Well it's no coincidence in my mind that the solo intersected with the creation of the drum set. Not that a great solo can't be played on just a snare drum, or just a couple toms...but for drummers using only one drum could be very similar to a guitarist using only one note. You can play that note a lot of different ways, get a pinch harmonic out of it, get some vibrato on it, add distortion, play it soft, play it loud... but eventually you're just going to want another note. Jazz was just coming out of the woodworks in the 1920s, and with it's heavy emphasis on improvised solos, it was only natural for a drummer who wanted to join in the fun to use a whole assortment of drums rather than just one. Not to mention its easier to pay one guy to play all the drums than pay half a dozen people, and its easier to fit one guy and a kit on stage too, which is important if you're touring.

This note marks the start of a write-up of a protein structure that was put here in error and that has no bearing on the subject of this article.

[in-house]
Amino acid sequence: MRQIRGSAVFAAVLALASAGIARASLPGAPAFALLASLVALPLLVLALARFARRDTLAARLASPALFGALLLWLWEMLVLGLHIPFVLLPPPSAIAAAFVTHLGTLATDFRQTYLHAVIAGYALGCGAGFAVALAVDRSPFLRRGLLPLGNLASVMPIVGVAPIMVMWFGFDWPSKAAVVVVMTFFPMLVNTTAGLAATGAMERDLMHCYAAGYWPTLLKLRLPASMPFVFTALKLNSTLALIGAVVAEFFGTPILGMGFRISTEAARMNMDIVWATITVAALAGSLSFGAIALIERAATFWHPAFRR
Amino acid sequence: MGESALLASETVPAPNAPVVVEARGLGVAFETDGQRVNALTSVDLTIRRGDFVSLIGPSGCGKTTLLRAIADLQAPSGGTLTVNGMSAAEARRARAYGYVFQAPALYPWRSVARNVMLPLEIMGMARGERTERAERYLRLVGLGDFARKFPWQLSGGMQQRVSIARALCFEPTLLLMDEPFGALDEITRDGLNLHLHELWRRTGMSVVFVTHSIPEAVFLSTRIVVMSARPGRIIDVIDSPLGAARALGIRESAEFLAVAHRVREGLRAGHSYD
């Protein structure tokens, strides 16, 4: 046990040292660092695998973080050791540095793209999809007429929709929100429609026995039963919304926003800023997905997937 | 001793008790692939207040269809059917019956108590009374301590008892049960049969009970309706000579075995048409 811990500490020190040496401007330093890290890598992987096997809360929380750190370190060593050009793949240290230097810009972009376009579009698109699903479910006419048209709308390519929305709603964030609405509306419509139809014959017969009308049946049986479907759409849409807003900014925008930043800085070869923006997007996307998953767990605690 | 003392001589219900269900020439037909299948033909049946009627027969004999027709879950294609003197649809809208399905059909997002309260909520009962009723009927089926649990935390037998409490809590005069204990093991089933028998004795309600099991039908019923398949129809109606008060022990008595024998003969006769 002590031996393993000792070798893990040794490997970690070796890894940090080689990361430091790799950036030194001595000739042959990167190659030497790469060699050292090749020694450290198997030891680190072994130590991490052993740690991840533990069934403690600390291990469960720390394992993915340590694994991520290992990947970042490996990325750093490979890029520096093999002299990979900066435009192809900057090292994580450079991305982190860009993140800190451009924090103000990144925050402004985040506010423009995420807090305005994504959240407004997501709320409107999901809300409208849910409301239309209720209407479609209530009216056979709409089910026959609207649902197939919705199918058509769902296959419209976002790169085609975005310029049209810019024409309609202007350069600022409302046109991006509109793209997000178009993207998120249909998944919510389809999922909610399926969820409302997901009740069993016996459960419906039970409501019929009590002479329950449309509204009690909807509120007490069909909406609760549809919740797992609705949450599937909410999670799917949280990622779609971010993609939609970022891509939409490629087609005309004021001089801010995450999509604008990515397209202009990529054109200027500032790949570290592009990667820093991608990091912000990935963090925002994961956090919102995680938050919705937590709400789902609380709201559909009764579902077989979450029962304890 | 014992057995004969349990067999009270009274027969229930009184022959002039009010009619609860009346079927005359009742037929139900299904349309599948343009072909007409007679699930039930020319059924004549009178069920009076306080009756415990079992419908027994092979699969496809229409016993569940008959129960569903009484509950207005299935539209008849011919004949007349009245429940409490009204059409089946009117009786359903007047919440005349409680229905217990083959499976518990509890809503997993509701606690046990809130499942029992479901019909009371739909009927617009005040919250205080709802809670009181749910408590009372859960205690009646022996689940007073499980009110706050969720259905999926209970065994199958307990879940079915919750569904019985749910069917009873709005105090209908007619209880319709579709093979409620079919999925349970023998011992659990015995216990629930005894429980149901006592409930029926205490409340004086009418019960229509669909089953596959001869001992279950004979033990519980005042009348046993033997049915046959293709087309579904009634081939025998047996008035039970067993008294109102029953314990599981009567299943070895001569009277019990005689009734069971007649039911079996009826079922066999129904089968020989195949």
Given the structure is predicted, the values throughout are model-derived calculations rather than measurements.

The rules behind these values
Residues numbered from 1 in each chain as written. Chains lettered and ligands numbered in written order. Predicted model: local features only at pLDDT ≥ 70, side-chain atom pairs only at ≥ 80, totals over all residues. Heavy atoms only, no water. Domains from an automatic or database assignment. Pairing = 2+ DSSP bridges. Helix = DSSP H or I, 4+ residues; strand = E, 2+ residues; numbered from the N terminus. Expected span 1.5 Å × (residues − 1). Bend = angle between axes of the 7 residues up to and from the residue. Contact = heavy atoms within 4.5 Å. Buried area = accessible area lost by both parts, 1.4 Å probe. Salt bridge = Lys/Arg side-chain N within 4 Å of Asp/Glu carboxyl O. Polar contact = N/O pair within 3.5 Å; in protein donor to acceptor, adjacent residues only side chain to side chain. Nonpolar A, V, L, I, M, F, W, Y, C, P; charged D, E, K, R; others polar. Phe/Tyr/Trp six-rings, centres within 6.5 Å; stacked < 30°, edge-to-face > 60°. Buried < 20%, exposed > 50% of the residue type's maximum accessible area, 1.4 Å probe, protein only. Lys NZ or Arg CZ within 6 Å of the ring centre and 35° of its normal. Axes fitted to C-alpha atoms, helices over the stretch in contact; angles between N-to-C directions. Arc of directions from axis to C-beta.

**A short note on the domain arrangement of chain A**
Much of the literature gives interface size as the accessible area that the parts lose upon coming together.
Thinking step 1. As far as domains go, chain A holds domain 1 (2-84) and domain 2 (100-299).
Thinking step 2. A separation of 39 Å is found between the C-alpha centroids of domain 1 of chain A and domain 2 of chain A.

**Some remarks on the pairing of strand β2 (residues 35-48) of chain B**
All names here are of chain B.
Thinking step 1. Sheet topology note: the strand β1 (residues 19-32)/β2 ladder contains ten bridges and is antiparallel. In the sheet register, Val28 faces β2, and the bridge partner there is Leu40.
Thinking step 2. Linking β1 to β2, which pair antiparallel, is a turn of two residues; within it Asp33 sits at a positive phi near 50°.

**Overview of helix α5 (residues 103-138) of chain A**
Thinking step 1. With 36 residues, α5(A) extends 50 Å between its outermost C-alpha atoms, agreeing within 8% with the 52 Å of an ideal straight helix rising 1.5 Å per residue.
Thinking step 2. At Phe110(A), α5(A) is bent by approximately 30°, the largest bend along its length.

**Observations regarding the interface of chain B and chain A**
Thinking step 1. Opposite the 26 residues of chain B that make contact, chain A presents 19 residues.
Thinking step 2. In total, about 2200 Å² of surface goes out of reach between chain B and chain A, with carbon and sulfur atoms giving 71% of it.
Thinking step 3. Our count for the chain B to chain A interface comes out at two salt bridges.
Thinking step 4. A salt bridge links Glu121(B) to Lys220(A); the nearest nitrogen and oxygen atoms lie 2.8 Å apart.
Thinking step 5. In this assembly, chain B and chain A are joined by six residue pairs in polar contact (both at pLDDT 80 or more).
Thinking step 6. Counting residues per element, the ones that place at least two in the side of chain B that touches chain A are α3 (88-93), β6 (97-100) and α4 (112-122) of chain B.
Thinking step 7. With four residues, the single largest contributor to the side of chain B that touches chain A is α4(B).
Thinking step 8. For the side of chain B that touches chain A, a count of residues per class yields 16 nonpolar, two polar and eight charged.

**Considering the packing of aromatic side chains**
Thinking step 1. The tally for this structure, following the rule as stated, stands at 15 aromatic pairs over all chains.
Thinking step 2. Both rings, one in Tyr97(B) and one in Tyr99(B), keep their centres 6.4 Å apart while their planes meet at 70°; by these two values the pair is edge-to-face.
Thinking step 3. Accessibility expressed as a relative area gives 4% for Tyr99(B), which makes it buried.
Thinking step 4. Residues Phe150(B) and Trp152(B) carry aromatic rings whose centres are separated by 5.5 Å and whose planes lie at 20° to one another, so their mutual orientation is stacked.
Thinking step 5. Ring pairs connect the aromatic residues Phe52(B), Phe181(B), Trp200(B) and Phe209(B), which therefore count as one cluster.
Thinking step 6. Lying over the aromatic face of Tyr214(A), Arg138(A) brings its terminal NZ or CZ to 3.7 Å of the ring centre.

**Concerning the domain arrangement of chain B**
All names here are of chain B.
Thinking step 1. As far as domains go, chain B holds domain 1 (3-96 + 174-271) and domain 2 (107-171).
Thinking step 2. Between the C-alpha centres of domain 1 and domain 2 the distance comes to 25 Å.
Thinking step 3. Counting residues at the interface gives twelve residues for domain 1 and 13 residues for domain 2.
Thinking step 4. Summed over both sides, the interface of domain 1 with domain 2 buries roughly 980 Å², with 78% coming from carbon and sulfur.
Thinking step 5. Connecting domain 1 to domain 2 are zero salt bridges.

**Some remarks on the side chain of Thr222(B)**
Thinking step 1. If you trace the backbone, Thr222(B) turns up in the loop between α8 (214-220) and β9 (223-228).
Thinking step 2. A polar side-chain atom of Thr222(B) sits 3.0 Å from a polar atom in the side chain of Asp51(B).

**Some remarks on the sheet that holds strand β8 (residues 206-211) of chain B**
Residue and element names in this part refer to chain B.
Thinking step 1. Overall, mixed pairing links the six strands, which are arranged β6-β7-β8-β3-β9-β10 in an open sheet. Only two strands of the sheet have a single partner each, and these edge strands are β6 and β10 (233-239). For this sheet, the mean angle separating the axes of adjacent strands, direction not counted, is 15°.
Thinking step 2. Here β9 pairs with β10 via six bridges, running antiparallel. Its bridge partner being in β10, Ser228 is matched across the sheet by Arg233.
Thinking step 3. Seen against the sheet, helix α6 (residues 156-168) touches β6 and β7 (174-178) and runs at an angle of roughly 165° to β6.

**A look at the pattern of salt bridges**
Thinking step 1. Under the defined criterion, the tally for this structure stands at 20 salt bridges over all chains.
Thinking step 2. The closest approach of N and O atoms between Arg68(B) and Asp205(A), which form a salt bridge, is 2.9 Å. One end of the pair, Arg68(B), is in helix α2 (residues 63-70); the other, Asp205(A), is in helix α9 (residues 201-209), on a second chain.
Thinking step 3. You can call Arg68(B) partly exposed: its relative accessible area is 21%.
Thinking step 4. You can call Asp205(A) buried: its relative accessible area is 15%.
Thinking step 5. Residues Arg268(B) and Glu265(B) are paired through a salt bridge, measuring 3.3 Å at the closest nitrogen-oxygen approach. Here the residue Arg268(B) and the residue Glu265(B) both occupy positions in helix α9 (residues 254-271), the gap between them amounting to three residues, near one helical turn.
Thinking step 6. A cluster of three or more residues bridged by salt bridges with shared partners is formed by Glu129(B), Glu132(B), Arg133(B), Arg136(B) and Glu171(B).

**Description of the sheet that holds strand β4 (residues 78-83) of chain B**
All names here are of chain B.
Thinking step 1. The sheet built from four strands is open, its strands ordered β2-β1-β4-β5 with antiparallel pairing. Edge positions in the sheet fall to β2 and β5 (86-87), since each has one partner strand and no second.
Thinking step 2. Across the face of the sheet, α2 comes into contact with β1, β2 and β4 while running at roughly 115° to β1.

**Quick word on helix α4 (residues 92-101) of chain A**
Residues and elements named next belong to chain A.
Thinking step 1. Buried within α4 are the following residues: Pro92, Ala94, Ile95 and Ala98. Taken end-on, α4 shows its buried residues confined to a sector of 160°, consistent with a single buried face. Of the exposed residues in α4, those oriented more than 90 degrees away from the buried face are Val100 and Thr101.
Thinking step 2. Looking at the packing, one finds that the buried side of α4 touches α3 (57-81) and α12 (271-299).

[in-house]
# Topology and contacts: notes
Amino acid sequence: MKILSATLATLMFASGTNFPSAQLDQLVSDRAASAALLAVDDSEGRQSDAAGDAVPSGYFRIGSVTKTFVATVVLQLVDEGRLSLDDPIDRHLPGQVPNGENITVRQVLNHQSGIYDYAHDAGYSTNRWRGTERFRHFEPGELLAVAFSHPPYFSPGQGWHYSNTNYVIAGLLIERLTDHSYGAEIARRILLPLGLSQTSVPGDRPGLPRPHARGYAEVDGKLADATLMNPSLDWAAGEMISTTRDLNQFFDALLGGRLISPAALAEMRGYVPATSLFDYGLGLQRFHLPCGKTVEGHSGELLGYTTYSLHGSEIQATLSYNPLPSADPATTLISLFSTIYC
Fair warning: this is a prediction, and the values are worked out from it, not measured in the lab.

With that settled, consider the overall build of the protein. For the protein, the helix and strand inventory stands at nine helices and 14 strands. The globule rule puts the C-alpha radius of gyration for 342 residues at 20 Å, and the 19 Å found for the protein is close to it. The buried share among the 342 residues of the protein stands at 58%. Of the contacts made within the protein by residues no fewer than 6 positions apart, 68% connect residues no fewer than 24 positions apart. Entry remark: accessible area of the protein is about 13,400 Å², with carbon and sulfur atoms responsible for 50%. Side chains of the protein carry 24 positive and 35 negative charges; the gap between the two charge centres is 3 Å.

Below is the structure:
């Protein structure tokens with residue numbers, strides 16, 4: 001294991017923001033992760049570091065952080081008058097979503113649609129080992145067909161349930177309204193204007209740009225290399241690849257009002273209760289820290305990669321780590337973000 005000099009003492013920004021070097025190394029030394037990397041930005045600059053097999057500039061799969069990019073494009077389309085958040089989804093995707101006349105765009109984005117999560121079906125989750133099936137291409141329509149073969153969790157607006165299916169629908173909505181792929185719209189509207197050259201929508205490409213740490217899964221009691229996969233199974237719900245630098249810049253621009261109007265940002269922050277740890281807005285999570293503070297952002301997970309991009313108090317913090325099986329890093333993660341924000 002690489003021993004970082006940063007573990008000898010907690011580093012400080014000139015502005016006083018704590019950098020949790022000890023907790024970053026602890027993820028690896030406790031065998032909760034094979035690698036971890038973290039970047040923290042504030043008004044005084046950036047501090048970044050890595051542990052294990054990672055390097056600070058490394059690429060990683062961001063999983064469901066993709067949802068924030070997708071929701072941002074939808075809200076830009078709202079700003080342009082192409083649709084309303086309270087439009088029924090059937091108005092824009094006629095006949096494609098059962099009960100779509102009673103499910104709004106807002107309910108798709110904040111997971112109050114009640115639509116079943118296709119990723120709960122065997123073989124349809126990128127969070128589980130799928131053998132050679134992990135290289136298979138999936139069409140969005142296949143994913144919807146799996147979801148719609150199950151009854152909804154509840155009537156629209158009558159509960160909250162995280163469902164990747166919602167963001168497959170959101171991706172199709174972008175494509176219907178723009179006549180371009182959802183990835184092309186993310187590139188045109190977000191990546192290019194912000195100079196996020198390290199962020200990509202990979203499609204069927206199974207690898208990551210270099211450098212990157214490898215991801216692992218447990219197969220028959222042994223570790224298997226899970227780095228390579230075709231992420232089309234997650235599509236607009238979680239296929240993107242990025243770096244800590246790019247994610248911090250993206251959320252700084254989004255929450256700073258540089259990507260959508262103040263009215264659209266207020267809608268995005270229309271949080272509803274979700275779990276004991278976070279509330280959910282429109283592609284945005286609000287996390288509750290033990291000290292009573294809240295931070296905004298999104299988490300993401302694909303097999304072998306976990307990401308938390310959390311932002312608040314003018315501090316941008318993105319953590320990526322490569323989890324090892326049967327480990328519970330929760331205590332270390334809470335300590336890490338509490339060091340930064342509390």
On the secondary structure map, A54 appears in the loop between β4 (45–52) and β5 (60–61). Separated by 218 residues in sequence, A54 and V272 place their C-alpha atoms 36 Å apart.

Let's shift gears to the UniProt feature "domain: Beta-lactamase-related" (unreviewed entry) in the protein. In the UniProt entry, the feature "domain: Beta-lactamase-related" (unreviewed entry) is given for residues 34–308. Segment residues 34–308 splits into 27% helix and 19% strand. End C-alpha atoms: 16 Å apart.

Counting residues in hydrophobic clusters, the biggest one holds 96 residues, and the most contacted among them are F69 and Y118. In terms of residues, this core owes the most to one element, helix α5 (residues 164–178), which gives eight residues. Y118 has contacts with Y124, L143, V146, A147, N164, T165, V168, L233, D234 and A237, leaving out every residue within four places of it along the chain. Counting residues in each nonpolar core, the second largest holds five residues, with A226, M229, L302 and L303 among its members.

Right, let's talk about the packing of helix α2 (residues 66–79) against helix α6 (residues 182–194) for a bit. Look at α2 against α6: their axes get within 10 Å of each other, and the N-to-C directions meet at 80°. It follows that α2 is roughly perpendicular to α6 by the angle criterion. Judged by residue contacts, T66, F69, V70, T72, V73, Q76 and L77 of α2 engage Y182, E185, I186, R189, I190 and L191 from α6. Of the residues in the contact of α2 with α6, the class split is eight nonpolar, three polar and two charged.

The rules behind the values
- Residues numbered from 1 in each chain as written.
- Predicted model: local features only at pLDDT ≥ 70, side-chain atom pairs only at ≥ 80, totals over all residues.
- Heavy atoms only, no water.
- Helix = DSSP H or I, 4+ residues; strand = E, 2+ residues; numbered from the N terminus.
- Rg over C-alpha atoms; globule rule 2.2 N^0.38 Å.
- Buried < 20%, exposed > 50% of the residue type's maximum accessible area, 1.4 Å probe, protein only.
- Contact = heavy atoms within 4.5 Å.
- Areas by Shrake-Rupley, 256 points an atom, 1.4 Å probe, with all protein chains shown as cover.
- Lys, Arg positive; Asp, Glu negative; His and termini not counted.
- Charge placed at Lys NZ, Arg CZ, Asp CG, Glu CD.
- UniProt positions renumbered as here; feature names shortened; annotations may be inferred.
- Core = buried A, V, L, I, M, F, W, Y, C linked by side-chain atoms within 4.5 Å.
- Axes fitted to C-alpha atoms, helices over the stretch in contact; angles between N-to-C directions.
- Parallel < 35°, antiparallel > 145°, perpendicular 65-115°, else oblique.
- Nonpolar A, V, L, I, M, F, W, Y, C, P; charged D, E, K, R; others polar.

#13 zepphead

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Posted 04 March 2021 - 03:33 AM

View Postchemistry1973, on 04 March 2021 - 01:22 AM, said:

View Postzepphead, on 03 March 2021 - 04:18 PM, said:

John Bonham would regularly do a 20min+ drum solo, and certainly on the 1977 tour he was clocked at almost 35 minutes in Landover Maryland.
To be honest on most of the full Zeppelin shows I have, I tend to skip over the solos if they are marathons!

35 minutes!?!?
Oh yes! I have a couple of Zeppelin full show CD boxes where the drum solo takes up the best part of a single CD. Great for completionist purposes ..... but a bit boring on the ear!!

#14 ytserush

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Posted 06 March 2021 - 01:16 PM

 Syrinx, on 03 March 2021 - 03:30 PM, said: